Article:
Written by: Stephen Hsu
Primary Source: Information Processing
This figure is from the Supplement (p.62) of a recent Nature paper describing a high quality genome sequence obtained from the toe of a female Neanderthal who lived in the Altai mountains in Siberia. Interestingly, copy number variation at 16p11.2 is one of the structural variants identified in a recent deCODE study as related to IQ depression; see earlier post Structural genomic variants (CNVs) affect cognition.
From the Supplement (p.62):
Of particular interest is the modern human-specific duplication on 16p11.2 which encompasses the BOLA2 gene. This locus is the breakpoint of the 16p11.2 micro-deletion, which results in developmental delay, intellectual disability, and autism5,6. We genotyped the BOLA2 gene in 675 diverse human individuals sequenced to low coverage as part of the 1000 Genome Project Phase I7 to assess the population distribution of copy numbers in homo-sapiens (Figure S8.3). While both the Altai Neandertal and Denisova individual exhibit the ancestral diploid copy number as seen in all the non-human great apes, only a single human individual exhibits this diploid copy number state.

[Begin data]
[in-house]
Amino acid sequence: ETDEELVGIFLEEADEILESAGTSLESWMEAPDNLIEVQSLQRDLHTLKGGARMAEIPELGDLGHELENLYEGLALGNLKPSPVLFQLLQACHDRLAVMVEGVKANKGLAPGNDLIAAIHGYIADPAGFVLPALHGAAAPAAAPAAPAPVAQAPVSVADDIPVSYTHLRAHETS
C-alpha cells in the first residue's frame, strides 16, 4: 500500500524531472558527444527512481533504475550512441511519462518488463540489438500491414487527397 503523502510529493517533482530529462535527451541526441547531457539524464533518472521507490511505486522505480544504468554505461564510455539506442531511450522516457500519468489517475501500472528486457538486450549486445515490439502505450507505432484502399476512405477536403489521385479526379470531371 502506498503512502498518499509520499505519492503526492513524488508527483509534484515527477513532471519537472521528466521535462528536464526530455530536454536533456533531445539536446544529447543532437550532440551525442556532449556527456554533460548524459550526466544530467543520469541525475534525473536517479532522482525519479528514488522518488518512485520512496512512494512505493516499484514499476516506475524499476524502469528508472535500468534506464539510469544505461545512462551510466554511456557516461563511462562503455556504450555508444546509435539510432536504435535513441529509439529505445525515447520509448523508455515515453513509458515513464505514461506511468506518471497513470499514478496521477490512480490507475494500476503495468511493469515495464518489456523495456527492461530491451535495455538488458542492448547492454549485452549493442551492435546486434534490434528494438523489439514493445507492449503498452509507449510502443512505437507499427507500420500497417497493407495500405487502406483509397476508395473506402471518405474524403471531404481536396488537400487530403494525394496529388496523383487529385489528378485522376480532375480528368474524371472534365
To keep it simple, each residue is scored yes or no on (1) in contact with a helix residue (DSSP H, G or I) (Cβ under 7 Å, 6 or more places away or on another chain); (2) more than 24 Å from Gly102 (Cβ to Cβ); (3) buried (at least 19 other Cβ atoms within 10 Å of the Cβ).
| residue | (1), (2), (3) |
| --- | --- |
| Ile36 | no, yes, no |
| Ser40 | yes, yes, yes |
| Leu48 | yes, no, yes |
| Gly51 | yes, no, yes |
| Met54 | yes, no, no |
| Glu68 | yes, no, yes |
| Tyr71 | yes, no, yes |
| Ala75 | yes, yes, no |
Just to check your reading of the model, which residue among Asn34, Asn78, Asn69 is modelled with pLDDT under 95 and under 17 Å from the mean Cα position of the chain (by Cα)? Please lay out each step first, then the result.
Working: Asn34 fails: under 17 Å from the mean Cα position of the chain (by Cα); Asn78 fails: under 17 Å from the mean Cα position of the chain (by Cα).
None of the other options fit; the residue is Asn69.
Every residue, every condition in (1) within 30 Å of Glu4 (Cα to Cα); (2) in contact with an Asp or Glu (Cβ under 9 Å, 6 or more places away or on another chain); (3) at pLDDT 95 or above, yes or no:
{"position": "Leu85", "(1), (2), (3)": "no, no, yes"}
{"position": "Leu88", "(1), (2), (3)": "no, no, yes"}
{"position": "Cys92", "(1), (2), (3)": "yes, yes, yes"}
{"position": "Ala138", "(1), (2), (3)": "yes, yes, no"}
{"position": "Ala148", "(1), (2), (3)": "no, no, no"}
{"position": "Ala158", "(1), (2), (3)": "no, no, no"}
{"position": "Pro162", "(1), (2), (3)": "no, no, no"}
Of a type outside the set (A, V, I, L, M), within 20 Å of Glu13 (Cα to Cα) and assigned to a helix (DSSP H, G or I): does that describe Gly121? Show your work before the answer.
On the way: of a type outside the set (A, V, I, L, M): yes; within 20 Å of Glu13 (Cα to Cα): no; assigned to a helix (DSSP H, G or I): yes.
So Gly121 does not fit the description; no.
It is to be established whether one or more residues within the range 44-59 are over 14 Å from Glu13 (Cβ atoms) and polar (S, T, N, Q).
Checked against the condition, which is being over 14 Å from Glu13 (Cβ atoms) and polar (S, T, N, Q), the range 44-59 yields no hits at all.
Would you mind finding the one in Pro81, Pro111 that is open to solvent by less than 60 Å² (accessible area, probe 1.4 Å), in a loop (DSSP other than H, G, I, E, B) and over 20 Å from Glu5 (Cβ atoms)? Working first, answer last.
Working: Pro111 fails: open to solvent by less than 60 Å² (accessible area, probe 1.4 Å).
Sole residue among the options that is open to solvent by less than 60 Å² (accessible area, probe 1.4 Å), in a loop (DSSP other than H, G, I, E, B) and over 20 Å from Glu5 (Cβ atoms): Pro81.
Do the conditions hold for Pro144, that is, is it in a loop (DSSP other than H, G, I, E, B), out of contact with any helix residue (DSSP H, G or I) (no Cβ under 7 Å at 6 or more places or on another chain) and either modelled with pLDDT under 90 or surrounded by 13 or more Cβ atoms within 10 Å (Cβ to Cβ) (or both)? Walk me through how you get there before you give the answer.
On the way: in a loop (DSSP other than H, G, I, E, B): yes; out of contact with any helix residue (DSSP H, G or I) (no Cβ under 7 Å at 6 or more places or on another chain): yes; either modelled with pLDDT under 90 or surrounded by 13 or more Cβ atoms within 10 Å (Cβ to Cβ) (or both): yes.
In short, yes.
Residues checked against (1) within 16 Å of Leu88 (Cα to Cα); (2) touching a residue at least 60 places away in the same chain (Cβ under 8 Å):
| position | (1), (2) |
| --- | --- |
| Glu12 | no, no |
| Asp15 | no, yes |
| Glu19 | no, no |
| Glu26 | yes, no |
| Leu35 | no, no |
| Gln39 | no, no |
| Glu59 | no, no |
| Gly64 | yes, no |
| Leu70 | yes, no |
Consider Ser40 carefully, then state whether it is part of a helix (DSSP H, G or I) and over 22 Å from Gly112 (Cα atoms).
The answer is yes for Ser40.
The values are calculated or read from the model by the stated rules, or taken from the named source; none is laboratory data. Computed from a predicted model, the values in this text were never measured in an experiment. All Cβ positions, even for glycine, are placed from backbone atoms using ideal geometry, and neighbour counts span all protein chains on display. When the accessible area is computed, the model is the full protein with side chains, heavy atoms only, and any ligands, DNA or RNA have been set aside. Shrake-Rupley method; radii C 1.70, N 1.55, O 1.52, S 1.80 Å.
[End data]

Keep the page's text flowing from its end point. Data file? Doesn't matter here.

My recollection from the earlier (less precise) neanderthal sequences is that the number of bp differences between them and us is few per thousand. Whereas, for modern humans it’s 1 per thousand with an additional +/-15% variation due to ethnicity. So, I think it’s fair to say that they are qualitatively much more different from us than we (moderns) are from each other. See also The genetics of humanness.
My colleague James Lee (I note he is too modest to list his Harvard Law degree on his faculty page!) describes the current era in genomics as an “age of wonder” :-) We can anticipate tremendous discoveries in the next decade.